Her majesty was not in residence at Holyrood yesterday, but the king stole back and reclaimed his crown.

With posterity may record as the most awesome performance of his career, Kenenisa Bekele was at his most imperious as he captured a record 19th World Cross Country Championship gold medal in Edinburgh.

The royal park put on a show fit for a king. It was a day in which the sport's history was re-written, and almost made Bekele's film star wife faint.

The Ethiopian was in a packed lead group, loping effortlessly, when somebody stood on his heel, ripping his spike loose, but not right off. It flapped impossibly, and he had to stop to untie it and put it on again. By the time he'd done so, he'd lost more than 50 places. An awed murmur ran through the crowd of around 17,000. Surely his race was over?

Scotland's Andrew Lemoncello was running between 50th and 60th place. "When I came round the bend, there he was, not 10 metres in front of me, fixing the shoe. I could not believe it. Then he stood up and away he went."

Bekele eased back on the lead group, broke clear with Eritria's defending champion, Zersenay Tadesse, and Kenyans Leonard Komon and Joseph Ebuya, and then proceeded to run effortlessly away from them to win the classic men's senior title for a record sixth time. It took him past a share of the record with John Ngugi and Paul Tergat. When I asked if this now made him the best alone, he grinned and nodded.

It did much more than that. It gave Ethiopia all four individual world titles for the first time, a feat last achieved by Kenya in 1996.

Comparisons in sport are inevitable, and rarely has one witnessed a greater contrast in a man's reaction to victory. Three years ago, in St Etienne, Bekele was in tears when he achieved the double - that feat is no loger possible with cancellation of the short course event - just months after the death of his fiancee. She collapsed while they trained together and was dead by the time he got her to hospital.

He was still in mourning, unshaved, when he competed there. "She is in my heart," he sobbed, after crossing the line, victorious. Many who witnessed his grief shed a tear with him. It was one of the most poignant sports moments I can recall. Until yesterday.

I asked if he could compare how he felt then with now, and a victory which had been seen by his new bride who watched him run for the first time.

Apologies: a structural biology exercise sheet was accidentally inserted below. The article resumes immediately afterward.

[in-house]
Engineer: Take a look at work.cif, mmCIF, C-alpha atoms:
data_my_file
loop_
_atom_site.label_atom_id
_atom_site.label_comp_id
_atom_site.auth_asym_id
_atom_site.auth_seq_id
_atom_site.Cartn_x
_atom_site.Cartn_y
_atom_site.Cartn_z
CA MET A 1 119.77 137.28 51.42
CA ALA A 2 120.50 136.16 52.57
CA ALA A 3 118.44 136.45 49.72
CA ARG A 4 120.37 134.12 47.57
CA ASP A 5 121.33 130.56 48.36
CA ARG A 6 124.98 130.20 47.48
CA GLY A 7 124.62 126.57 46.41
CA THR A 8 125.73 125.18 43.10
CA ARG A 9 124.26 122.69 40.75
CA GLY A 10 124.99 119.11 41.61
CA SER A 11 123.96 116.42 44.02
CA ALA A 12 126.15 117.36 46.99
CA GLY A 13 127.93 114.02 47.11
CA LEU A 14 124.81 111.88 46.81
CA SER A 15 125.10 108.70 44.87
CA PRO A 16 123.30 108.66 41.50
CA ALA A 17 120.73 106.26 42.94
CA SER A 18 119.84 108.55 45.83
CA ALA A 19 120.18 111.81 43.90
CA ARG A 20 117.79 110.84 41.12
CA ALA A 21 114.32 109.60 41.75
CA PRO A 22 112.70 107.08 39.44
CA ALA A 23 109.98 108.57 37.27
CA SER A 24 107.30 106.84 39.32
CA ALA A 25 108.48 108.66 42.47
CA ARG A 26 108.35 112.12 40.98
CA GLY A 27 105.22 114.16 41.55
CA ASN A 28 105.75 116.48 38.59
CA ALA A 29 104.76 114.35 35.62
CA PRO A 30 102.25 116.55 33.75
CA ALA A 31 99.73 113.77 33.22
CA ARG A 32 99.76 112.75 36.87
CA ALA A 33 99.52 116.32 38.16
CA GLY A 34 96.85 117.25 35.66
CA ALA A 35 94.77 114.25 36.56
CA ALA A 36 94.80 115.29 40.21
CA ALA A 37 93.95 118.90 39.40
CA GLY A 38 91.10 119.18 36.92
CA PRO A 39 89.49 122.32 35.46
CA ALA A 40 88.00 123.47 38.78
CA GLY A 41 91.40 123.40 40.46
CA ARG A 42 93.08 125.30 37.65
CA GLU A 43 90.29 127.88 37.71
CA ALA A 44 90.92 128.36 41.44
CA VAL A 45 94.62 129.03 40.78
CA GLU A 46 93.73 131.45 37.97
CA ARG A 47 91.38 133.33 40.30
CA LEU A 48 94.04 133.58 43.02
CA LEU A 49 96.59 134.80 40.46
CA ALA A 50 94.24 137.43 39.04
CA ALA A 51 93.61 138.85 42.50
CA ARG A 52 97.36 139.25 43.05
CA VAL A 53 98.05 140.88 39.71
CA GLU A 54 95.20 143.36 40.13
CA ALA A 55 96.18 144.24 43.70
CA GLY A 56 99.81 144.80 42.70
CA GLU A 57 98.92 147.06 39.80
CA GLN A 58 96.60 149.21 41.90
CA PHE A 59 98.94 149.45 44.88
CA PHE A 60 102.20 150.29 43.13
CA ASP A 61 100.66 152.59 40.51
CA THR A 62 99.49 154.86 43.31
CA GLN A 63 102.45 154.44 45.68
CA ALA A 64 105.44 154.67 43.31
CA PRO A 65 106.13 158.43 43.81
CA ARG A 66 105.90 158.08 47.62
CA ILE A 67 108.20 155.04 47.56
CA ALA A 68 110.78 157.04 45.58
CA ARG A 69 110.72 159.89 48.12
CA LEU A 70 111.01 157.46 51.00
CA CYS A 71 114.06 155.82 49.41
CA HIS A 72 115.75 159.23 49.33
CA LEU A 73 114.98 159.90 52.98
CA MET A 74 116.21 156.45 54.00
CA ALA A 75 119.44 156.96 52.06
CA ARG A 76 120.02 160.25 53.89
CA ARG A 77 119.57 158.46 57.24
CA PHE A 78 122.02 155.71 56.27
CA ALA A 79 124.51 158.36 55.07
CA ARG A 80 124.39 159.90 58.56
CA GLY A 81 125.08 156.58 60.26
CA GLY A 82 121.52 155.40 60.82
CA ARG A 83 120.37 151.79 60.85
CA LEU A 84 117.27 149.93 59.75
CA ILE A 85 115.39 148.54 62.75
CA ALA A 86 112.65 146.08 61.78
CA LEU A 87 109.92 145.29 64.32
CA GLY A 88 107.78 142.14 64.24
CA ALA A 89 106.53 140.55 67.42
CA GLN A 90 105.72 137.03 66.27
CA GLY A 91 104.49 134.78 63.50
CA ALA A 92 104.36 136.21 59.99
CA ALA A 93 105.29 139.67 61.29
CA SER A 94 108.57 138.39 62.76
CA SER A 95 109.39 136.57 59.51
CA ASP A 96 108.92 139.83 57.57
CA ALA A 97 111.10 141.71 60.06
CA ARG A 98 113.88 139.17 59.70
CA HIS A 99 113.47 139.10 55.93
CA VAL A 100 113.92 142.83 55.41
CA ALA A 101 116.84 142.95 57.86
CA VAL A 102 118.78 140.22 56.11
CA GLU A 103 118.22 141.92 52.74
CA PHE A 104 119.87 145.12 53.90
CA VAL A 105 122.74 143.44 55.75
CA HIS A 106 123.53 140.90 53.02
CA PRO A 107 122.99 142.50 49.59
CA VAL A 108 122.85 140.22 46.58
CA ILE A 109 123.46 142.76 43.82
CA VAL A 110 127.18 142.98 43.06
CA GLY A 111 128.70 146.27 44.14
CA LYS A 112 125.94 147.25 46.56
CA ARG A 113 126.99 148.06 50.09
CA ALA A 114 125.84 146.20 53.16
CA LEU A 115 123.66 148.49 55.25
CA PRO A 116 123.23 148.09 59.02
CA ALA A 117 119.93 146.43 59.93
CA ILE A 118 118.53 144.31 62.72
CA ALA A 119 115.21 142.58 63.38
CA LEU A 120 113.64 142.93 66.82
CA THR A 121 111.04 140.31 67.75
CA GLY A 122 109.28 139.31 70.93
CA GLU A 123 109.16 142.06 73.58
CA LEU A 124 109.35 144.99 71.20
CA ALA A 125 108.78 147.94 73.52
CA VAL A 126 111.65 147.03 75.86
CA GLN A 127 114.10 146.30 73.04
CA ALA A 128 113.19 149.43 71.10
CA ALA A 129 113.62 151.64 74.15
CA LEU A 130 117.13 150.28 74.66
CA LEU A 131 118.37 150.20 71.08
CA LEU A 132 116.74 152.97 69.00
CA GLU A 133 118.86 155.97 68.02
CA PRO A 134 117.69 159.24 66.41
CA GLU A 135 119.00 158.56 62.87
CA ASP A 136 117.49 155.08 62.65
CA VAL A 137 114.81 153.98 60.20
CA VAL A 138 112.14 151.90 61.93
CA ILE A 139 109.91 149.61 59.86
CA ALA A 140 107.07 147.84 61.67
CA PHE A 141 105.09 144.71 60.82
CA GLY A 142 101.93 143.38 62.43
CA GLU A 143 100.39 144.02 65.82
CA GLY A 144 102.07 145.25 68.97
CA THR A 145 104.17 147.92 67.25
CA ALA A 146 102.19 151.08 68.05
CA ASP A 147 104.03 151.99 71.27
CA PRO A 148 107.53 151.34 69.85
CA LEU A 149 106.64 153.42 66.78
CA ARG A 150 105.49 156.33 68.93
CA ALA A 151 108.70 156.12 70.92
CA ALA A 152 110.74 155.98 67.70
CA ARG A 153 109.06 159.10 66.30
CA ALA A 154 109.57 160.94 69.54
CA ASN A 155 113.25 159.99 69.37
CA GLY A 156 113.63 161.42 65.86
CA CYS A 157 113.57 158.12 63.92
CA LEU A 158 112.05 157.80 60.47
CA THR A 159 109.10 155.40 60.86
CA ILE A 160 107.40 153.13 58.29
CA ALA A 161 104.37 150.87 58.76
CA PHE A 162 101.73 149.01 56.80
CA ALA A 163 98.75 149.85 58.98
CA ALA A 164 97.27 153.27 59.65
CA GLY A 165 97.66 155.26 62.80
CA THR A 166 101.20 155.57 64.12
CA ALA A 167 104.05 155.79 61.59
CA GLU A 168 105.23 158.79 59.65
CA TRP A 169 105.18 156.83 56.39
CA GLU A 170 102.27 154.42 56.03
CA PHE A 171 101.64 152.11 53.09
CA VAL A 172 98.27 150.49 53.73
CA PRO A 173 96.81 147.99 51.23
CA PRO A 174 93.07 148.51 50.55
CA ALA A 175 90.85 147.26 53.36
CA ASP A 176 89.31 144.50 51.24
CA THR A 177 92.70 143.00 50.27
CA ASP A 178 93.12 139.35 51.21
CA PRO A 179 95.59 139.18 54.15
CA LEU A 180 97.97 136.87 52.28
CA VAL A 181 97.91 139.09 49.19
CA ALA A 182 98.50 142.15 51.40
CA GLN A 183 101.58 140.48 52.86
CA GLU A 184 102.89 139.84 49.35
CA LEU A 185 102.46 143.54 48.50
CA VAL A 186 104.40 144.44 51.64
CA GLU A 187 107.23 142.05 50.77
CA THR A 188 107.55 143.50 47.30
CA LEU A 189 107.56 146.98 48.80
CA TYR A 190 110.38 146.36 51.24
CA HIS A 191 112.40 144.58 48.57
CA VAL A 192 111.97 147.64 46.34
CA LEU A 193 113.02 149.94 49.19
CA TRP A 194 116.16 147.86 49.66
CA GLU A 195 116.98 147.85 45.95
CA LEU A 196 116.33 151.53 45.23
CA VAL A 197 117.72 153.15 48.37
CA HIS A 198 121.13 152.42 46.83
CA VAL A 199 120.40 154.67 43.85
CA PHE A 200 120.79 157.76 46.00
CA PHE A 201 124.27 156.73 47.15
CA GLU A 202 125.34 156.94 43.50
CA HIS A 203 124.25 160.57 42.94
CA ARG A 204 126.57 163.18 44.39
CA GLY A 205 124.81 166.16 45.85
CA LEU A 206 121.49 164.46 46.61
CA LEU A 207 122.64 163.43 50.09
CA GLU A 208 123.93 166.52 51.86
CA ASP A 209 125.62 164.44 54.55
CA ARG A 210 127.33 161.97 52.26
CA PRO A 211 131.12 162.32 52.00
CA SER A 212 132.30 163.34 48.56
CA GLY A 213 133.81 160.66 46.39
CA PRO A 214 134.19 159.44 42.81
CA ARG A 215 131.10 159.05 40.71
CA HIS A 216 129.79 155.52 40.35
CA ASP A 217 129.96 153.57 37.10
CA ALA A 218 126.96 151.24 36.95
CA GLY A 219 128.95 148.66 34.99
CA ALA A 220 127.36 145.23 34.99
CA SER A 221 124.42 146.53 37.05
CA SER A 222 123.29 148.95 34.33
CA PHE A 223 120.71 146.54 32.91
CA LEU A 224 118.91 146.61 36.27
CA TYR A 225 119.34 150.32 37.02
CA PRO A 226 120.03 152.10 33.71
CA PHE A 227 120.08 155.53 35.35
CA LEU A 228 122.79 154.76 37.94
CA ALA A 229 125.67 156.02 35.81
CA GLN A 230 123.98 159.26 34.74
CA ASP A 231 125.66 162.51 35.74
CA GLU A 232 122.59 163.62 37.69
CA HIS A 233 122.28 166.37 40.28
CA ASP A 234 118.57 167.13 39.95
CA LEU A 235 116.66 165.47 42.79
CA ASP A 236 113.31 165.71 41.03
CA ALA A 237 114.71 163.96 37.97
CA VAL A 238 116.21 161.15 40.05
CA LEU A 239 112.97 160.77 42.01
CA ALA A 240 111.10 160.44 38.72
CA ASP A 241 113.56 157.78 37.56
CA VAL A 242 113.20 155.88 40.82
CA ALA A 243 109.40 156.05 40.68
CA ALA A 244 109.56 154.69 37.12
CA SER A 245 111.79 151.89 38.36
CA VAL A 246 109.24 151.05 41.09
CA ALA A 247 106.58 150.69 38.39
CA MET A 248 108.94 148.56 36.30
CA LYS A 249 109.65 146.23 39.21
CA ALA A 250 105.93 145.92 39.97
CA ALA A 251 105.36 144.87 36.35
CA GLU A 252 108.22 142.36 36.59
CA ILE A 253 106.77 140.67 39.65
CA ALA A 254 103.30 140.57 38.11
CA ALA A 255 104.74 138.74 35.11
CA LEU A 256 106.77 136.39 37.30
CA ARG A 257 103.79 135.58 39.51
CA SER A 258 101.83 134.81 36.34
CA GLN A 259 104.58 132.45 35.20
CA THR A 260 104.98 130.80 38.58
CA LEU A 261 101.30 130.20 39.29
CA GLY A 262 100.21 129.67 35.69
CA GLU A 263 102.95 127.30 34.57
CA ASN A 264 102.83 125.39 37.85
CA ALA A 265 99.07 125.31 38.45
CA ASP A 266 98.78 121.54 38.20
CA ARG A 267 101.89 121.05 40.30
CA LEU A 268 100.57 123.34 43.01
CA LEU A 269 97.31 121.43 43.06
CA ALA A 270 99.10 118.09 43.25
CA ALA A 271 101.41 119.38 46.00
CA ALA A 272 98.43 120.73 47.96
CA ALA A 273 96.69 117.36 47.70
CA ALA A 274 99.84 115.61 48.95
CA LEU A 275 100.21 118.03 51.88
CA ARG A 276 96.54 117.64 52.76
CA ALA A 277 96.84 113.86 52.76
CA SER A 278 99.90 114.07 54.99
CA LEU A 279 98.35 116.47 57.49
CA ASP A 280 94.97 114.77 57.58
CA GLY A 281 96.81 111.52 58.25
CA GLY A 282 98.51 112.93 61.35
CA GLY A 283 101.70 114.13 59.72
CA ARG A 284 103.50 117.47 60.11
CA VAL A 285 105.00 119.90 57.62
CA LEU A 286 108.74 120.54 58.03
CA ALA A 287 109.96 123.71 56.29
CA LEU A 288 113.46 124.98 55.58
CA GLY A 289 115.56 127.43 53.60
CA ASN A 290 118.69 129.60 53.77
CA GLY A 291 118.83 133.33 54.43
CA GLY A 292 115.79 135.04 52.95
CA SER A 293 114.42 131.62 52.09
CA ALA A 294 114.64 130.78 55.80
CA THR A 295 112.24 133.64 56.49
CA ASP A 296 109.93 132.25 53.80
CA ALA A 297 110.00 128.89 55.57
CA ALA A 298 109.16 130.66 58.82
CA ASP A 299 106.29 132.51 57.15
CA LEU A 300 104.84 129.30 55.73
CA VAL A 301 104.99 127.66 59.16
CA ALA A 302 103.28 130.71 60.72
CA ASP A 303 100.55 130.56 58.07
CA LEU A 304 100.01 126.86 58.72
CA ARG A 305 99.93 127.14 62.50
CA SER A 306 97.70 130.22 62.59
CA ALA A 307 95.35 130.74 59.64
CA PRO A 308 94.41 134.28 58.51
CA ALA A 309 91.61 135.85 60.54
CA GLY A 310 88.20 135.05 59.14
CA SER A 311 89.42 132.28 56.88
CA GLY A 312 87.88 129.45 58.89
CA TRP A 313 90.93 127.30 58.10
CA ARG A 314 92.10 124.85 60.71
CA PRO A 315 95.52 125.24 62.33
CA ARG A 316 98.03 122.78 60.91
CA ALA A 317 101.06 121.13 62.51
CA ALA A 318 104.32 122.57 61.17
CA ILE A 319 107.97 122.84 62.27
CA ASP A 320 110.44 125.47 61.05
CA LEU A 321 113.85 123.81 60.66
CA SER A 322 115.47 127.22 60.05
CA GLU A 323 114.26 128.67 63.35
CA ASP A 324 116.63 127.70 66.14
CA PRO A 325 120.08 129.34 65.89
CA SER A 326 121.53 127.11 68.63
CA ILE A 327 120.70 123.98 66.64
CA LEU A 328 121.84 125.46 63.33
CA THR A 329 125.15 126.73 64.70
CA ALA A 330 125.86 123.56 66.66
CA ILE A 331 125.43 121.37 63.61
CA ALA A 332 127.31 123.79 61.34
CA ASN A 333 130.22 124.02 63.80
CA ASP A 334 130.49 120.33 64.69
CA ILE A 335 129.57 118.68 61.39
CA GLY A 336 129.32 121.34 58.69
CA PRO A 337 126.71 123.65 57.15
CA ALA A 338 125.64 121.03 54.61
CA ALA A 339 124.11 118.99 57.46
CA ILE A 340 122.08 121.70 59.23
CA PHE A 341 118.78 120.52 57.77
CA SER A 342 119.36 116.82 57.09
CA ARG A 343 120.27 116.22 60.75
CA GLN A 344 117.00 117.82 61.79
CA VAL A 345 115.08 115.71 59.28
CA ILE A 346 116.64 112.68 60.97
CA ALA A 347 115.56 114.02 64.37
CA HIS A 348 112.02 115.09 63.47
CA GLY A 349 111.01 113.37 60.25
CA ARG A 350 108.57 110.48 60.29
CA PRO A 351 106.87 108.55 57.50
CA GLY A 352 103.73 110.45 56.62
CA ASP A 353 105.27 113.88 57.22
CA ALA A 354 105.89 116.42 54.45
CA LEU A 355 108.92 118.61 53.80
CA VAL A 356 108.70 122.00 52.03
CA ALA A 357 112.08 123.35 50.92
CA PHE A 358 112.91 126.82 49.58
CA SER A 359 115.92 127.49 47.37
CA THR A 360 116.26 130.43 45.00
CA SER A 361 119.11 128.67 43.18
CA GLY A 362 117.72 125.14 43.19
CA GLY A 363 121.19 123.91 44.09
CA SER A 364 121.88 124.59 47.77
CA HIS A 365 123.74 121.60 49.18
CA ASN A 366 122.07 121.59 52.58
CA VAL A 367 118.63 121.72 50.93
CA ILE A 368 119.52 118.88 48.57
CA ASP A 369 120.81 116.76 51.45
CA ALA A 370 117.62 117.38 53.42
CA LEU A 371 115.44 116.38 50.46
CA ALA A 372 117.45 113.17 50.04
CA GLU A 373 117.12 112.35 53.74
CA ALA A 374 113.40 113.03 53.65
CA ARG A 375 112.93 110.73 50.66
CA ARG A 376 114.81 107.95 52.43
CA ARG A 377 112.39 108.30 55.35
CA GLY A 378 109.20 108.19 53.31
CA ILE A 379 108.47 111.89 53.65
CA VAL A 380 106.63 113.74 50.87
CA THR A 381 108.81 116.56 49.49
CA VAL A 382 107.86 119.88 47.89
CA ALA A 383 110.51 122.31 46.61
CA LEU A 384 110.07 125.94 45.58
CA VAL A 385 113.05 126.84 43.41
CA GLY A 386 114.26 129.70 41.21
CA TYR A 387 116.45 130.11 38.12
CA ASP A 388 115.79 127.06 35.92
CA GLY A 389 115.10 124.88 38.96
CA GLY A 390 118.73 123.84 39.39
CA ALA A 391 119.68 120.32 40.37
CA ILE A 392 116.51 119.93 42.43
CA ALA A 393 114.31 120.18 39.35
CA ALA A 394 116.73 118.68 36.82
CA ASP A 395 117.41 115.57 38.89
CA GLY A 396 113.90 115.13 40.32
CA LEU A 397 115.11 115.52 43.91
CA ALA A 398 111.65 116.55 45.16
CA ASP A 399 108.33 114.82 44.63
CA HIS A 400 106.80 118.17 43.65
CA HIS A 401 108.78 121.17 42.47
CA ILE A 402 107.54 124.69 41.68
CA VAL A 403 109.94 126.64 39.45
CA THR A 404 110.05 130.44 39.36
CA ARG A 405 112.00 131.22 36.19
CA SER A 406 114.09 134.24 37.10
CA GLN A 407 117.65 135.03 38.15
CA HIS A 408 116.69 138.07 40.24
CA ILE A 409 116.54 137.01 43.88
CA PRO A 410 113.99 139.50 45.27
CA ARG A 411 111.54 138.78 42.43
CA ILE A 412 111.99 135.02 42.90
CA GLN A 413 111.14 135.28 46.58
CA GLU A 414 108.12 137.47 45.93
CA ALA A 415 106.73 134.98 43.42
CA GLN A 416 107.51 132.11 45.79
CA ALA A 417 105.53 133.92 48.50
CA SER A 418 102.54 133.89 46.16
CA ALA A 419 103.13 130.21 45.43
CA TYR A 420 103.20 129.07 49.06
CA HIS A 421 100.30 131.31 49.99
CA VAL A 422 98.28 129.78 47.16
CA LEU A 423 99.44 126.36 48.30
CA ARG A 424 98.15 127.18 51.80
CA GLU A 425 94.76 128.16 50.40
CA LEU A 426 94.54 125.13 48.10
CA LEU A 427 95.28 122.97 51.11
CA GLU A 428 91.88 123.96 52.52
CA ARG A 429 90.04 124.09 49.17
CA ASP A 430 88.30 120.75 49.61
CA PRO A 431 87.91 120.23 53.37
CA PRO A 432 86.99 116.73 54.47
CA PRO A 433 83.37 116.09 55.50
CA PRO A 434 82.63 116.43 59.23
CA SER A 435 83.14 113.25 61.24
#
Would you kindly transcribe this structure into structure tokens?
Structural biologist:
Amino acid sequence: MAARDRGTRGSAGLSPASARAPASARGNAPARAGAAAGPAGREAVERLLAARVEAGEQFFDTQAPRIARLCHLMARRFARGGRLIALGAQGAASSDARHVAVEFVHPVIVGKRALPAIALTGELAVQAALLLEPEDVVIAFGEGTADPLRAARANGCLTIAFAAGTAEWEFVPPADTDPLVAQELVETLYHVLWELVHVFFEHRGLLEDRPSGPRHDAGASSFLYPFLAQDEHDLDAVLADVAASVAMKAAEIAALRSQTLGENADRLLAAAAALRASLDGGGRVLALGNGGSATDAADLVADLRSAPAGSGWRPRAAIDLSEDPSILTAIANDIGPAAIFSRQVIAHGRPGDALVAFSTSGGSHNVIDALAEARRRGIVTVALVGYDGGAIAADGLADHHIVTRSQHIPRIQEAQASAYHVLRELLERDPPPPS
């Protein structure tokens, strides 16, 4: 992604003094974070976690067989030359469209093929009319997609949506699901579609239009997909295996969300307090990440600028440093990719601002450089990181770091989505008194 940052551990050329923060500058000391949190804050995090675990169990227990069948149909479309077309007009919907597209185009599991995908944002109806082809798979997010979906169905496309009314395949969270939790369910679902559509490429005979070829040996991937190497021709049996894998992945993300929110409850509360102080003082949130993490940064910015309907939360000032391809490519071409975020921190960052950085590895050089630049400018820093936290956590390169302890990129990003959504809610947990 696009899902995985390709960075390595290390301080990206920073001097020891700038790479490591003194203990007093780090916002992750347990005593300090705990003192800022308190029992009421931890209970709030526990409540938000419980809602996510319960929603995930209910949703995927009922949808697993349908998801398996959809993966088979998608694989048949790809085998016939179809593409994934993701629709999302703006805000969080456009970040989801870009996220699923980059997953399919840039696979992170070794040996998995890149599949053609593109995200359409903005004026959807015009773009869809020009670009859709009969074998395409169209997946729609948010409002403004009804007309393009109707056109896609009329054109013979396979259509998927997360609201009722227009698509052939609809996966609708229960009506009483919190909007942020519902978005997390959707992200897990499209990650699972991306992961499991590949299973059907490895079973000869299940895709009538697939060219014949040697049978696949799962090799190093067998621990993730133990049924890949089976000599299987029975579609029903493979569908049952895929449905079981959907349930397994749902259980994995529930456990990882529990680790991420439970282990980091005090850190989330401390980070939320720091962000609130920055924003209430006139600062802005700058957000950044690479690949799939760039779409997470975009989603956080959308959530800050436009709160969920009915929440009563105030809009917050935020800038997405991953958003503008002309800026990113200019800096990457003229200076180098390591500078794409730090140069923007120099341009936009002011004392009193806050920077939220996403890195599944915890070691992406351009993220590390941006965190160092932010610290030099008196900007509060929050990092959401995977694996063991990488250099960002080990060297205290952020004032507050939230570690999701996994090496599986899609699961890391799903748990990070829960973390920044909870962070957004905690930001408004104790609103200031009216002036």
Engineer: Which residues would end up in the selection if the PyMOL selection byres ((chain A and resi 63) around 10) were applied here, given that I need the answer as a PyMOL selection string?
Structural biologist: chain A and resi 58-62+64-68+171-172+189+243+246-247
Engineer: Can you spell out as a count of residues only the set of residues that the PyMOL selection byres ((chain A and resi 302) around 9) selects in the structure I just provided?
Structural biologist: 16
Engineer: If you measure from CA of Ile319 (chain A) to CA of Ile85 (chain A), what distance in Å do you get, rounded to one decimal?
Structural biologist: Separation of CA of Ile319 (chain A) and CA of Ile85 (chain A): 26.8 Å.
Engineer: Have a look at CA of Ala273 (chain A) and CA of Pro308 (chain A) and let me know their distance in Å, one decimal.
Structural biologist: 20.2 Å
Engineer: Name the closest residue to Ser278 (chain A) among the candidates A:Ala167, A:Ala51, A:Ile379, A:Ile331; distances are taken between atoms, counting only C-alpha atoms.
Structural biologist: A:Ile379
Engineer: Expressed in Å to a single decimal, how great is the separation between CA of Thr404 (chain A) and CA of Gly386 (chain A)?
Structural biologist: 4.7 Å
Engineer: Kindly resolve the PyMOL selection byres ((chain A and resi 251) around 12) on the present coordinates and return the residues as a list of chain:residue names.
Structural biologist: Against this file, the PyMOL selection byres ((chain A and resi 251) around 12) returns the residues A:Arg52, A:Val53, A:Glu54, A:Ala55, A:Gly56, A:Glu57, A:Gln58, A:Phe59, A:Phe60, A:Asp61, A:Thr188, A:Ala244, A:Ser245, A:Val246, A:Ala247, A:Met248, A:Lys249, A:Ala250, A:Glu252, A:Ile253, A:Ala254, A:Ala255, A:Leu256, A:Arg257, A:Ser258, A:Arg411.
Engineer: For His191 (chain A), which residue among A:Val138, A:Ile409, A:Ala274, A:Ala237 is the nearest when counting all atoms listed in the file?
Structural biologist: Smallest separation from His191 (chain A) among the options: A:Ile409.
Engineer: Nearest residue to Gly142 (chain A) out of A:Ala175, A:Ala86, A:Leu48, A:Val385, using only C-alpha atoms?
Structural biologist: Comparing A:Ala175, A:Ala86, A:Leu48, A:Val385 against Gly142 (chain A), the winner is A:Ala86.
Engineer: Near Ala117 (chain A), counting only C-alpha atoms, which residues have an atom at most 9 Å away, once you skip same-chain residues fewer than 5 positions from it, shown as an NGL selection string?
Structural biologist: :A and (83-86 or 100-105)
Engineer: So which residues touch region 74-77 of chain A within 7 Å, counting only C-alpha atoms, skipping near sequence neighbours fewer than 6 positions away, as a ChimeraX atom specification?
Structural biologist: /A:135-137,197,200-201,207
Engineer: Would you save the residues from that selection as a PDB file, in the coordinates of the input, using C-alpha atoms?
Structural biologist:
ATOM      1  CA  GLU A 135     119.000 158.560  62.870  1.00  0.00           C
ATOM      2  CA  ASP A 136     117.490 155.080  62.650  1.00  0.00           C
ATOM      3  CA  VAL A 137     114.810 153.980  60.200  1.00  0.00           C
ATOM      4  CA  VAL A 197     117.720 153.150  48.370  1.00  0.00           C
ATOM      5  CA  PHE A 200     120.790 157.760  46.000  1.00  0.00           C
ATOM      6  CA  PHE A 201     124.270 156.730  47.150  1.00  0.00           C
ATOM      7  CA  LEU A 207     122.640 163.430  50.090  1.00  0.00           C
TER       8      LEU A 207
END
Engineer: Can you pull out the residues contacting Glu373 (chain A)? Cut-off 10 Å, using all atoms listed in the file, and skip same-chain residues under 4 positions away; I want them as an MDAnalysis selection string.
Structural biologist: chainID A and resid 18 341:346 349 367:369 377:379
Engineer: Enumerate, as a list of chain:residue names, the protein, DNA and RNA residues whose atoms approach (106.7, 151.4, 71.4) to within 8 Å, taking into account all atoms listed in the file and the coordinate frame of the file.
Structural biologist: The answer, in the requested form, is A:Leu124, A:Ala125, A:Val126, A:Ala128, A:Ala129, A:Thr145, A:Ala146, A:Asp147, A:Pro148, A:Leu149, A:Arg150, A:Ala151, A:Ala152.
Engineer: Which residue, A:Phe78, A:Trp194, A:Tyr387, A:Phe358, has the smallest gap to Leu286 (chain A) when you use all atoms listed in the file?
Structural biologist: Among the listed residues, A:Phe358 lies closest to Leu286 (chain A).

"I'm here, having married . . . and having come here with my wife. The difference between those two experiences is something which, without my expressing it, I am sure you can imagine . . . There's a tremendous amount of difference. It's the difference between walking in the darkness, and walking in the light."

His wife, whom he married last November, actress Danawit Gebregziabher, confided, "I nearly fainted. I was very afraid for him when his shoe was lost. I though he might not win."

Her most recent movie, she said, was The Eleventh Hour, "a family romance, but suspense and drama". The day had all of that, and more.

It had begun for Bekele with missed flights, erratic eating, and several trips to the toilet during the night.

"I did not feel well. I was really worried. I had stomach cramps," he said. "And when you lose a shoe you cannot run, but it was at the beginning of the race and I was not so tired. So I decided to stop and put it back on. That was the sensible thing to do. It was not completely off."

Tadesse, the defending champion, finishing third, while Komon led Kenya to their 21st team success. It was not Tadesse's day. His younger brother, along with many other juniors from his team, failed to get a visa, and was left stranded in Cairo. It must be of concern to sponsor like EventScotland that other government agencies could almost spik the event. If the defending champion had elected to spit the dummy and not run, it would have been quite understandable.

Britain were 11th, led home by the English champion and trials winner Tom Humphries in 62nd. Lemoncello, the Fifer who had been just a few seconds behind for most of the race, slumped to 79th. "I stitched badly on the last lap," he said.

Tirunesh Dibaba, who surrendered the women's title last year also regaained her crown, and, on a remarkable day for her family, her little sister, Genzebe, claimed the junior title.

Dibaba, the world 10,000m champion in Osaka last year, took the women's title for the third time. "But I was more anxious for my sister than I was for myself," she said.

She had surrendered her title to Lornah Kiplagat in Mombasa a year ago, and said conditions in Edinburgh were superior to the heat and humidty which caused numerous drop outs last year.

Yesterday she finished five seconds clear of his fellow Ethiopian Mestawet Tufa with Linet Masai of Kenya, junior champion last year in third.

Liz Yelling was 15th and led Great Britain to sixth in the team event, before taking a pop at media negativity over the depleted team.

The African onslaught continued through the team events. Australia and Japan were the only countries to medal without an African influence.

Scotland's Laura Kenney was a very respectable 38th, third member of the GB team. "It was great to run well in my first world championship. and especially in Scotland, when I have been negotiating to be a Scotland athlete for about 18 months. All my family were here, including my gran from Glasgow."

Dibaba's leadership enabled Ethiopia to take team honours for the seventh successive time from arch-rivals Kenya.

Charlotte Purdue, last December's European junior bronze medallist, was the continent's first finisher when 16th in the junior women's event, and the team in fourth, the best British posion of the weekend.